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BVRO'S fill Bill'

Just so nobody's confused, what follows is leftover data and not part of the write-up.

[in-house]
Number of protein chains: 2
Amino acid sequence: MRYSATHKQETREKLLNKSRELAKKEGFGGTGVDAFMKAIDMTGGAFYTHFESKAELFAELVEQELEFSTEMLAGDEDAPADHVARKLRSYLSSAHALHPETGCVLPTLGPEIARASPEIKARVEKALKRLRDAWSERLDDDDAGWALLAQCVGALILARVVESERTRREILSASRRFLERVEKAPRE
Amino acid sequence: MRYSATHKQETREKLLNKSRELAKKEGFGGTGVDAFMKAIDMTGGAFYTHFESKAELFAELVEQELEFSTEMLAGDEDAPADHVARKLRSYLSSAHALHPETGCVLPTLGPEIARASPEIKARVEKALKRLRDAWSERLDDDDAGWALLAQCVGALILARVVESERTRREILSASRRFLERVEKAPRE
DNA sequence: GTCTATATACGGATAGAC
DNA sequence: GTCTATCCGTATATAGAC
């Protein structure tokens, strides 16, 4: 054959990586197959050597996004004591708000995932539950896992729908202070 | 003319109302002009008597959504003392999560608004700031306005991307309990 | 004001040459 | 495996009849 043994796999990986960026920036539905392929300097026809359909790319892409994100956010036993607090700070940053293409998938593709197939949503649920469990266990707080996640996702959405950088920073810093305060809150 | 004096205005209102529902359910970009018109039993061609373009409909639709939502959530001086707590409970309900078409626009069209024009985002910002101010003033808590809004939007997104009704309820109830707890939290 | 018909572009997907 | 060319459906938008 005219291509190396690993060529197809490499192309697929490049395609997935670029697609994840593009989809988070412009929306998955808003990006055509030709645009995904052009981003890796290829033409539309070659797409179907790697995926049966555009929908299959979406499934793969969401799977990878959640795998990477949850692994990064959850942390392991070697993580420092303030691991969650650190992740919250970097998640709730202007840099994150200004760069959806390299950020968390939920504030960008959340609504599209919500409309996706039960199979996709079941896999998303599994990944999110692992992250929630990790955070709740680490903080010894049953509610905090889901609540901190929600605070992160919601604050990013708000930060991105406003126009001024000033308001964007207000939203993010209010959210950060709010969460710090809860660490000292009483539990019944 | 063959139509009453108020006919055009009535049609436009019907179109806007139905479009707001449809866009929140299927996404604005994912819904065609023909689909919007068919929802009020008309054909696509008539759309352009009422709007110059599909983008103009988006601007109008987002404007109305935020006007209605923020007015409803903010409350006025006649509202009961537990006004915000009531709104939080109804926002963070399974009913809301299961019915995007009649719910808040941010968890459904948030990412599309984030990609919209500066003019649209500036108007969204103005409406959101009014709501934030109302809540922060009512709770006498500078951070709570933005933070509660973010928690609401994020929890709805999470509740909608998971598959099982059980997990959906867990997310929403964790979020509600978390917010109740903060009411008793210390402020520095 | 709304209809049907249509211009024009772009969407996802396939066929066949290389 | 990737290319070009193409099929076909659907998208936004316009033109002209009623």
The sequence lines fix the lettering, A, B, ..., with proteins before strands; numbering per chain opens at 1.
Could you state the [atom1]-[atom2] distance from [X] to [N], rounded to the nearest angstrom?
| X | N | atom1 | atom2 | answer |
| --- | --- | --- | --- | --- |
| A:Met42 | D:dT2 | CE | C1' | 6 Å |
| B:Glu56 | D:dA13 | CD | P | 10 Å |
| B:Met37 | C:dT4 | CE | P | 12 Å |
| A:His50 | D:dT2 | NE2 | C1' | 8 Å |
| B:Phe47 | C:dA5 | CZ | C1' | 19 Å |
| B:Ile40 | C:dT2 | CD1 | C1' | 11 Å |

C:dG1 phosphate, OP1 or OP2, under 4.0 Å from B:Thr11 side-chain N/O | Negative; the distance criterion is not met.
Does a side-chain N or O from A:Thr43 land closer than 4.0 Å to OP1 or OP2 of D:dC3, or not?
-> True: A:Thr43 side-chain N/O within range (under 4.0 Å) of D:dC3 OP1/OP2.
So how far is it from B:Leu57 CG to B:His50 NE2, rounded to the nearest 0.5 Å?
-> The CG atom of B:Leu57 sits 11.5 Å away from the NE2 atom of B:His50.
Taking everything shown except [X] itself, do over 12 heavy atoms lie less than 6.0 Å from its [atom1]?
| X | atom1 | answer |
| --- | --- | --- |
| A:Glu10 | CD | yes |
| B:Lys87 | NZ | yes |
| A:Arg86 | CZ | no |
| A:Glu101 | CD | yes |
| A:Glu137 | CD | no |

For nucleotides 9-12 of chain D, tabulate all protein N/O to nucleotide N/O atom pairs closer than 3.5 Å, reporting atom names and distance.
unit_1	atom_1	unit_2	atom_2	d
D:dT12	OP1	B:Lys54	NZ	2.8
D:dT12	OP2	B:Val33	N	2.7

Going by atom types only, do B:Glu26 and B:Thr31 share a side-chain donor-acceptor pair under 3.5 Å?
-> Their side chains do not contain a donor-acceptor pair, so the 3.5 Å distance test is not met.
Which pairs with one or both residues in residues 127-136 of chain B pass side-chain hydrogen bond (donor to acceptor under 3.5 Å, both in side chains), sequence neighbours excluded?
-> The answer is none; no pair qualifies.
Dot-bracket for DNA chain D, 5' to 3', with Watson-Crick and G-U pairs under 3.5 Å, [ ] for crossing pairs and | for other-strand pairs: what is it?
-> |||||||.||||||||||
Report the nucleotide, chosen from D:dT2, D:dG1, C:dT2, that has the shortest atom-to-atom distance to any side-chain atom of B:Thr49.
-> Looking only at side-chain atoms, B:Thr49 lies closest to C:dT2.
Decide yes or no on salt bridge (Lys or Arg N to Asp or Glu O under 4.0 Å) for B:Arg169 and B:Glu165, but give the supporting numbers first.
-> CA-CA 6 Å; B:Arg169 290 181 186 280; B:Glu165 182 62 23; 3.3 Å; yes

FAILS Of PASSAGE I - _ ! - (ConUnuo? from I'l.-st Page.) 1 ?nee may cut out tb ? big lncroa-i glvou by the Mouse to public schools, oti the sround that tin- makers of the Constitution (lid not Intend the school:; should have capitation taxes which the State Joes not r? :olv?. but which are returned delinquent. Kdwln p. cox tried t" have a Joint committee to visit lh? Institutions arid ?dvlso the next General Asstmhly. |n the form of an appropriation bill, What the expenditures should be, but ?e was defeated. Amends Printer* IUI I. In the Senate much of the morning session was given up to consideration or the primary bin. which was amtimi ??d so as to remove most of the fea? tures which tts patrons regard us having uny value in securing the pu? rity of primary elections, it is indi? cated that the Senat) will either do feat it altogether 01 so change its detaila that Speaker Uyrd win decline to nccopt It whin it gets back to tho HOUBO. Senator West failed to get up out or Its oidgr his i ? 111 requiring .m cers paid by fees i" tell the public what amounts they receive, The Senate agreed t" the appolnt * ment of a commission >*'? attorneys to examine into the Buchanan county land situation, passed the Richmond, Prodorloksburg and I'otomao Railroad charter bills, und .?. t the lime gilad? ing bin as a special order for M n day. Consideration of Ihe legislative te dlstrlctlng bill comes up in the House at 3:30 this afternoon. I HOUSE 1 .Morning ?>-lnn. House bills reported from commit? tees at th?- morning session reached tho total of 504, ThU approaches 100 more-than those reported during tho session of 1310. Tne following House bills wore i -ad | tb,?i third time and passed: Authorizing establishment of a ferry across, rowel!'.-. River, In Dee county. Patron, .Mr. Robertson permitting th< director* of the West? ern State ilospllal to ?eil n rlgru of way over the property. Patron. Mr. Kemper. Authorizing the Board of Supervisors of Culpcper countv to borrow money lor bridge building Pitron, M.r, Bell, by request. Validating a boitd iestie of th? town ot Virginia Dcach. l'*tron, Mr. Mai boh. Amending the charter of the town o! Damascus. Patrons, Messrs Roberts, ol VVsth'ngton, and Buck. Authorizing Northampton county to borrow not exceeding 1160,000 tor road building. Patron, Mr rtizhugh. Amending the charter of the town 61 Highland Park. Patron, Mr. T brock ? morion. Amending the act In reference to the appointment of teacher* at the Vir? ginia School for in? U-. n f and Blind, Patron. Mr. Kemper. Authorising Ui? instruction ol a wharf on Chesseman't Creek, Vork county. Patron, Mr. -V. cphenson, of James City. Anw tiding the road law of Mont gomt ry Cttunty. Patron, Mr Flanagan. C'onMder Appropriation*. The general appropriation bill came up at 11 o'clock, as ii special order, and the clerk resumed the calling of tjic Items, l*ft off at t o'clock Thurs? day. There was no Intirruption with the order ol thing* at t't??y "nave b?-i?n' until the Item for an Increase in the) ?alnry* of th? Commissioner of Agrl-j culture was reaeVied TM? is /rem 12,800 to 13.500. and was done, accord-, Ing to Chairman a m Bowman, of j the committee on Finance, at the; unanimous requftt of th* dta.te Boird of Agriculture ?n<i 1? to be paid out of tho fertilizer fund. The increase In the ?alary of the Cimmlrsloner of I>ilor, from $2,000 to ? 12,200. as made by the committee, was: srprovei. t>o was the committee In-1 LEGISLATIVE COMMENT | By LEWIS H. MACHEN. L ? -1 LEGISLATIVE SESSION TOO SHORT?IV. Tho acute reader, who hau fol? lowed the three preceding artlclea Upon this subject, win naturally In? quire;: "if the ^eglslativo session Is manifestly too short, why have not tho members of thu Ueneiul Assembly adopted a Joint resolution proposing an amendment to th<; Constitution to restore the ninoty-day session:-?'- The Simple answer tnui. such a resolu? tion has passed both branches ot the Legltliatuie tnr,;. times. Why w.jJ tho resolution passed, when the Constitu? tion says it Is only noccssar: thut It should be passed iwlco? It is an In? teresting piece of legislative history. In I'.iU'i the General Assembly passed two resolutions proposing to amend the Constitution I'O its to allow the regular si selons to continue ninety days, and simplifying tiie procedure to some extent, tuough not as much as wi- to be desired. These resolu? tions were not spread at length on the senate journal, hut merely 'recorded by title, other resolutions which had proposed amendments to the I'M Con? stitution had been similarly set down In the House and Senate Journals in times past, but had nevertheless been ratified by the pe ople and had become parts of thu organic lav., the Con? stitution merely says, as the old ( [in? stitution said, that such resolut lone should be entered on the Journals of both houses. There were only two cases In the oourls of' last resort which construed this term, one holding 1 that It meant entered at length Oil thi Journals and the other that the entry by title tvag a sufficient conir pllance. Th< former opinion was based upon lh' prior uniform custom of the Legislature of the Ktate to spread Hum iii length on the journals. Tne practice in Virginia from the earliest limes bad not been uniform. It mlKht have been supposed that ae amend? ments had formerly been entered by title only and afterward ratified by the people and become parts of the Constitution that the LegisljUur- >,ad deemed that method sufficient, and thut the Constitutional Convention, by adopting the language of the old Con? stitution??'entered on the Journals"-? had adopted the construction whtc.t thi Legislature had formerly placed upui them However^ the then Attor ney-fienerol of Virginia took the oppo? site view, ar.'l. uctllig upon hie advise, th" Speaker of the House directed th* clerk of the House of Delegates not to publish the amendments. .\j the time for the publication was at hand, and no member of the court of Ap? peal? being th<n in Richmond, appli? cation was made to three Judges,of the ? it of Richmond for a mandamus to require the clerk of the House to pub Ilsh the amendments, but they declined tu grabt tho writ, and, of course, the amendments wer?.- not published It therefore became nacessary to o. gin over again, and the amendments were relntroauced und passed the Legislature at tne session of BIOS. 11 y that nine a htatuto hau be-n enacted [declaring how that such amendments Should 01 spread at length on the I Journals. The resolution* wen- pub I usned and adopt., jy t.:.. General A ? I semoly of 1910. iid the same year submitted to the people, ulorig with I two an.cndrnents relating to rc-elcct i ing the treasurer and commissioners of the revenue 01 countle? and cities ' All of the amendments were defeated .except that in regard to the. treasurers ; and commissioners of counties, i Unfortunately; :r.\ persons familiar [with liic :i??esslt;- for longer legisla? tive sessions and for a simpler legis? lative procedure aad anything to Pay oh the subject. Many Individuals and I newspapers atta.ked ine Legislature bitterly and stirred up a prejudice against it. which had grown up in times agone. \x ii?n the law-making ?Otiies of the various States, had got . ten themselves regarded in an unlovely : aspect. The simple truth is that many things are going on In the State Which the . Legislatur.? should prohibit. Not a few special privileges are In danger of being curtailed if tr.c Legislature were allowed to *lt long enough to really sift things, to the bottom. All of these Intrenched persons end pow? ers will ilght to tho finish any propo? sition to make tho Legislature an ef fictlve law-making body. Just the ; same, the effort should he made again land yol again. The peoplo should be , educated to Understand that It is their i tight that In being waged, and that If ? their voice may a* stilted In ths Legis . lature they will be without any audi ? bib mouthplecf. Of course, It Is possibl? for the meai ! bets, by a two-thirds vote in each ; house, to extend th? scs.-lon for thirty days longer?without additional pay. I This'they will not do. and they should I not be expected to do It. By a like I vote, they may petition the Governor I to convene them In extra x:-ssloii for j thirty .lay;, but this no Legislature I .has done. The Governor may convene ? them on his own motion, but this no I Executive has done for many, many ! year* Yet there are times when it would be a good thins for the State If it were done. This General Assem? bly should have an opportunity to clear I the calendars. creas? ln the library fund for traveling libraries and f<ir publishing the lourrul el the House of Burgesses. On motion of .lohn W. Htephenson; of Bath, the Item Of . for motu'. shelving In the Stute Library, of tire proof character, was put In :is was propo. ? ? In tin: >i?nat.\ but where a majority of thu total votes was not f.'iiied Ii is supposed lilts will he retained in the confidence committee. I'.Hlne Mo. ill Milurlrn. On motion of Mr. r'luhugh. the salaries of elevator men at the State Library were rali-ed from JTi'j to tTSO rach. and the policeman at tho library was given ST20 instead of $66", on mo? tion of Mr. Cos. It seemed to be tli? policy to raise salaries of minoi employes, and Mr,j Montague secured an increase for the night watchman at the Ktat* Librar) from I7?a to *$??>. The night watch- j man for the Supreme Court, on motion of Mr. liutherfoord. got tne same ?hinn Mr. Kltshugh landed .'.gain, when he s'.cured Increases from 16(0 to .5720 each of '.he two janitors for library building offices. Mr. Land got the' engineers at the electric plant raised from $1,050 each to tl'00. The first kick same on the motion of Mr. Creamer to tncreise the firemen; at the electric plant from STSO to ?SU'. Mr. Burt said that thll ought to etop. It wte '.rue. as Mr. Cox had enld. that the eoit of livl-.g had increased, out sol , ha?) this happened for the public, which I was paying 'he taxes. He proposed I thereafter to oppose nil Incrcares uti I tes? clearly shown to be advisable. ] i Mr. Creamer suid In reply that the I firemen were tiie hardest worked peo? ple about the Capitol Square; He won . the chango. The three Capitol janitors, on mo ' I tlon of Mr. Kitzhugh. got an increase i from J6?9 to \~.2Q. KlevHtor Condactora. j The night elevator man at the Capi? tol was, on motion of John S v.'hlte. put on the fame basis with the day] ; man. at S'.'Su, ;ho day man having beenj given 15 the month additional by thel committee. i The Hem r?g.irdin? t!.? Department' jof Military Itecbrds went through as! suggested by the committee. i The penitentiary and tudlciary Items! were quickly disposed of, aa chnngesj were infrequent. The salary of thel stenographer of tho Supreme Court.) at the request of tho court, is Increas-j ed from ?1.4O0 to J2,uj0. Arriving at the oyster appropriation,, Mr. Moncure Fecv.red an addition of: SCOO to pay William E. Raab, who wasj ? hot accidentally by oyster police. The committee lncrep.se for pensions, from 1450,000 to $600.000, was approv? ed. On a motion of Mr. Stebblns. ?2.000 of the school fund wo* added tor agri? cultural and high school* to the fo? isting sum of SZO.OOu. Mr. Hlchardson, ".lust to be- consist? ent." tried to secure the elimination of the extra $3,000 for pchool teachers' j pensions, but failed. 11 ii 11 n I Fund*. Hospitals fared as provided in thai committee bill. The Rastern :^ets | $114.000 for support for the first year, [ $C,600 for Insurance, $5.000 for purchase | of farm, $10,000 for repairs to heating ; "Have a Fresh Cigar?" "No thanks, I'm going home to kiss my family. Have you any The refreshing mint leaf jnice instantly removes breath odors, besides puri? fying and preserving teeth. It makes yon hungry before meals and helps digestion afterwards. it by the Box of any dealer Get the habit of taking SPEARMINT to your family every night. It is the only beneficial confection, the cost ia almost nothing and children love it I It costs LITTLE by the package, but LESS by the box! The Flavor Lasts Look for the Spear Is an ACTIVE MIND is applying rooiems it recognizes merit?when deserved hence the position of It's an education to visit our plant; the gain is evolutional; the contrast is revo? lutionary. PURITY ICE CREAM CO., 10 So. Jefferson St., Richmond, Va. Out of Town Orders Solicited and Executed with Promptness plant, 5f'.OOi' for repairs to buildups, $2,500 balance on house bo-ig hi for at-j tendaiils, $4,000 deficit and $1,500 for tire escapes. Tht YVestorn State Hoipital Is given j $1,041.70 for deficit, $l.t.uO to ilnlsh In- ! lirmary und. for plumbing, iio.uou for ! building for noisy patients, $500 for Iron ventilators aud $1-7,lti'.' for sup? port. Kor the South Westum, at Marlon, there is provided $50,000 for support,! $13,7i0 for crinilnul insane building, $1,000 for furnishings and $6,000 for i tubercular building. Central guts $14S,?0u for maintenance, $11,SS4 for deficit, $15,000 for additional accommodations. $6,000 for power end heating plant, and $2,000 for stables. Ther; was some discussion over the pay of engineers at the hospitals, since the committee had made the salury of the man at th^ Eastern $1,200, while the others only receive $700. In addition to board. Mr Gilllam tri ?d to make the others $f'00', hut failed, and again failed on an attempt to reduce the engineer at the Eastern to $1.000. Increase for Farnivtlle. Reaching Institutions of learning. Mr. Stebbins made a motion to Increase the annuity tor tho State Female Nor? mal School at Farmvllle from $55,000 to $60.000 the year. This chango had i been made, he explained, In the tionat ?, 1 und he told of the good work which I had been done at that institution and of the economical way in which it has been managed. Mr. Montague and Mr. Kent Indorsed this, nnd it was agreed to. The University of Virginia got jlS.ui'U ! for support of Its hospital. Instead of JlO.O'iO. as before, this bel?g recom? mended by the committee. The Vir? ginia Military Institute was given] $5.000 for extending its hiatln;: syi 1 tern, and $5.000 more goes to the Vir glnla School for the Deaf and Blind. All these were In tho committee bill, j DIIHcully of Assessment. The hour of I o'clock having arrived, j the Tax Commission bill was taken up.' Mr. i,u us ford resumed his remarks in I opposition to the measure. It hud been said, he remarked, that the com- . mlsslonerj of the revenue do not now I do their duty in seeing all property valued by them. '?Will.'' ho asked, "a Tax Commission d? It? <"nn ItV.mem !., rs know the local conditions in .very neighborhood in the State?" For his part, he was ready to deny that the local assessing officers ere dishonest and Incapable, They arc elected by the same people who choose members of the General Assembly. There was m> way to determine prop erty values,, so far as he could sen, ex? cept piece by piece. Mr. Throckmorton made inquiry a* to a certain county where an exami? nation of lit' property* transfers made in one year, and comparison with the assessed valuations showed that those lands were valued at is per cent, of; their selling vnlue. Also, ns to another county, ?.??here a similar test showed that the property was assessed for taxation at 65 per cent, of Its value. "Why," aaked Mr. Throckmorton, "should one county pay five times uu much tax on its dollar as tho other?" JVot Correct Gnldr. Mr. I,unsfor<l replied that the trans? fer prices do not give a correct Idea of real values. Sometimes the market springs up suddenly. The best lands are usually the most frequently sold, some of it bringing high price.*. Itagged and poor land was sold but seldom. | It was impossible. In the view of the Botctourt member, to put the pending bill into effective operation. The com- | rr.ist-lon would fix the tax rate after, the books had come to the Auditor. I The commissioners of the revenue nro; required to extend the faxes before.' they send In their books, lie did not1 nee bow this cousl be done ustll these officers know, the rale. Treasurers are required r> m.cke nit their tax tickets and imlleei ihepi It was posslhle that they might not know the rate of .levy until Kovohlher 1. How. then, he in - quired, could they prepare their ii kots jjiid vjsll all pari? of their counties jrv lime tu make the round before De j cember V? Touching upon the constitutional point. Mr. Lunafor<| did not believe the Governor but" any rigbt to proclaim a tux rate. It Is to bo prescribed by law, according to the Constitution. Tribute ?i> Dyrtl. "1 appreciate," said Mr. Lunsford, at the conclusluu of an address lasting for parts of ihr,.? sessions, and which was heard with profound attention, "the public services of the dlslin ! gulshed Speaker of this House, i I'l'ouipted by putrlotic Impulses, he. bus , mtulo a close study of the situation, I und has done what lie conscientiously believes to be for the best Interests of the Commonwealth. I trust that ' his services may bu preserved to the State for many years. but at this time I must lny aside personal feeling and judge of this bill us l see it. 1 believe It strikes ut tlio fundamental liberties of the people. Let us hold on to the principle of locul self-gov? ernment, which is being gradually stamped out as we follow the lead of other States which ure called progres? sive. Everywhere we moot Iho same j ancient Idea of centralized power. Be? fore wo take auch a step let us pause I and consider." John W. Stephertson said It seems accepted that the county will always appeal from the decision of the com? mission If its assessments are In? creased. This might not be so. The supervisors would consider that they must employ attorney, and they may doclde to leave the contest to i the ? Individual, who might ue put to I great expense in securing an adjust? ment- Furthor. he did not believe the commission would accomplish any? thing, while it would cost much. Commission of Five. Transfer values are not a true in? dex to real values, lit tue opinion Mr. ituborts. of Mecklenburg. In bis ?i . Lion there was an influx of people who think the lands there arc cheap, and they buy at prices Which Seem very high to the residents. He thought It would be hist to have a commis? sion of about five persons, composed at two farmers, two city men and the Statu Accountant. in a speec.it which caught the atten? tion of the House, John \V. Chalkley, Of Wise, defended the bill. II- did hot believe there are three commissioners of the revonno in the State who r ally 10 the property which they value. The Tax Commission would go to enen county and city, and would call In the citizens for their advice. They] would arrive at an average, and ? W oild bns; their assessment. StnndH Alone. Everybody knew, he proceeded, that no assessment is made at its full market value. They vary from 20 to "iO per cent. "1 am fully ?wart." he said, "that 1 stand alone among the members from the Southwest in favor of this bill. J have applied the acid test to it to see If there was any good rea? son why I should not support it. Hut I can find no way to oppose It Tie bill Is Just and fair and equitable. There la no answer to the statement that equalization in this Stitte Is lack? ing, I think tho patron has accepted all the amendments which he cun i without, injuring his measure. It may i be that the people of my county wilt hot approve my vote. If not. I shall ] surrender any petty political ambl? | tlons which I may have, and shall caat my vote for what I believe to be for the best Interests of Virginia." IlTrd's Final Stntement. Speaker Byrd (Judge Williams la i the chair) clos.M tho debate. "I know," ho said, "and we all j know, that the people demand rellof from the obviously inequitable as- | sossmanta which prevail. 1 have, striven to prepare a bill which will i give a msasure of rellof. I have done my best. I have done my duty. While I I should dislike to see this House de? clare Itself unequal to the task of settling this question. I shall have no 1 more to any. I am ready for a vote." The previous question was called and , ngreed to. The committee amendments to the . substitute were adopted without dl I vision. [ The Question than came oti the l.and ; i amendment to the VVHMama substitute,! 1 providing that on* fa.rmer should bei on the commission: It was loFt, 27 to 15. Then the Williams proposition. Unit the commission should consist of two farmers and the Stntc Accountant. Wits agreed to. Next . .Line the Williams amendment striking out the section which pro? vides for proceedings against, and re-^ nioval of, commissioner!! of the revcjf " nue, Mr. Throckmorton'a substitute, that th.'se oillcers should be..', emoved If the courts ilnd they Imvo ;iot done their duty, was lost by 27 to 35. The Williams motion to strike ths section out was carried on roll call, ?11 to 37. Then the bill was engrossed, und the constitutional readings were dispensed with. On IIa Final PHasasc. As the roll was culled on the final passage of the bill thero was great ex? citement in the hall. It was rcallzod that the subject, which had consumed so many days of debate, was about to be disposed of. A majority seemed to be voting "aye." and among them was Judge Williams, who kept nls promlaa to vole for the hill If his amendments were Incorporated. The vote stood 4 7 to 87. and was lost, hecauso the bill, oarrylpg an ap? propriation, required fifty-one votes. Mr. Cox changed his vote to "no'" in order to ho on the winning 3lde and to move to reconsldor. which he did. Then Mr. Oliver moved to pa ? this motion by. On a point of order. Inststed en by (Continued on Sixth Page.) SCHOOL SAVINGS BANK Win open for business Saturday, March 2, 1912, at 2S North Ninth Street, and $'l-'n In cash prizes will bo given the children depositing ?! upwards. Money With Hens My book his helped "Kopie make for? tunes in the poultry business?will do the same lor you. Low prices lorstoct:. eggs lor hatching. Incubators and brooders. 200paces conti.itiiitc over I0U illustrations?many m natural colors? fives list of 72 varieties oi Pure Bred Howl?gives completcinfortnatioa about C2?$, slock, incubators, etc. Thl.i book is 4 marvel 11111 only ISc. Send io.iiy-.-'j,1 It through nri.l II you don't teel tally uwiir-l ttut It Is worth many tlinea that much, return lha book and get jour money back. B. H. GKE1DER Do-gl03. Rhcerr.a. Pa. i Wood's Seeds For Our New Descriptive Catalog is fully up-to-date, and tells all about the best Garden and Tarm Seeds. Every farmer and gardener should have a copy of this cata? log, which has long been recog? nized as a standard authority, for the full and complete infor? mation which it gives. We are headquarters for Grass and Clover Seeds, Seed Potatoes, Seed Oats, Cow Peat, Sola Beans and all Farm Seeds. Wood's Descriptive Catalog mailed free on request. Write for it. T. W. WOOD 6 SONS. Seedsmen, - Richmond, Va.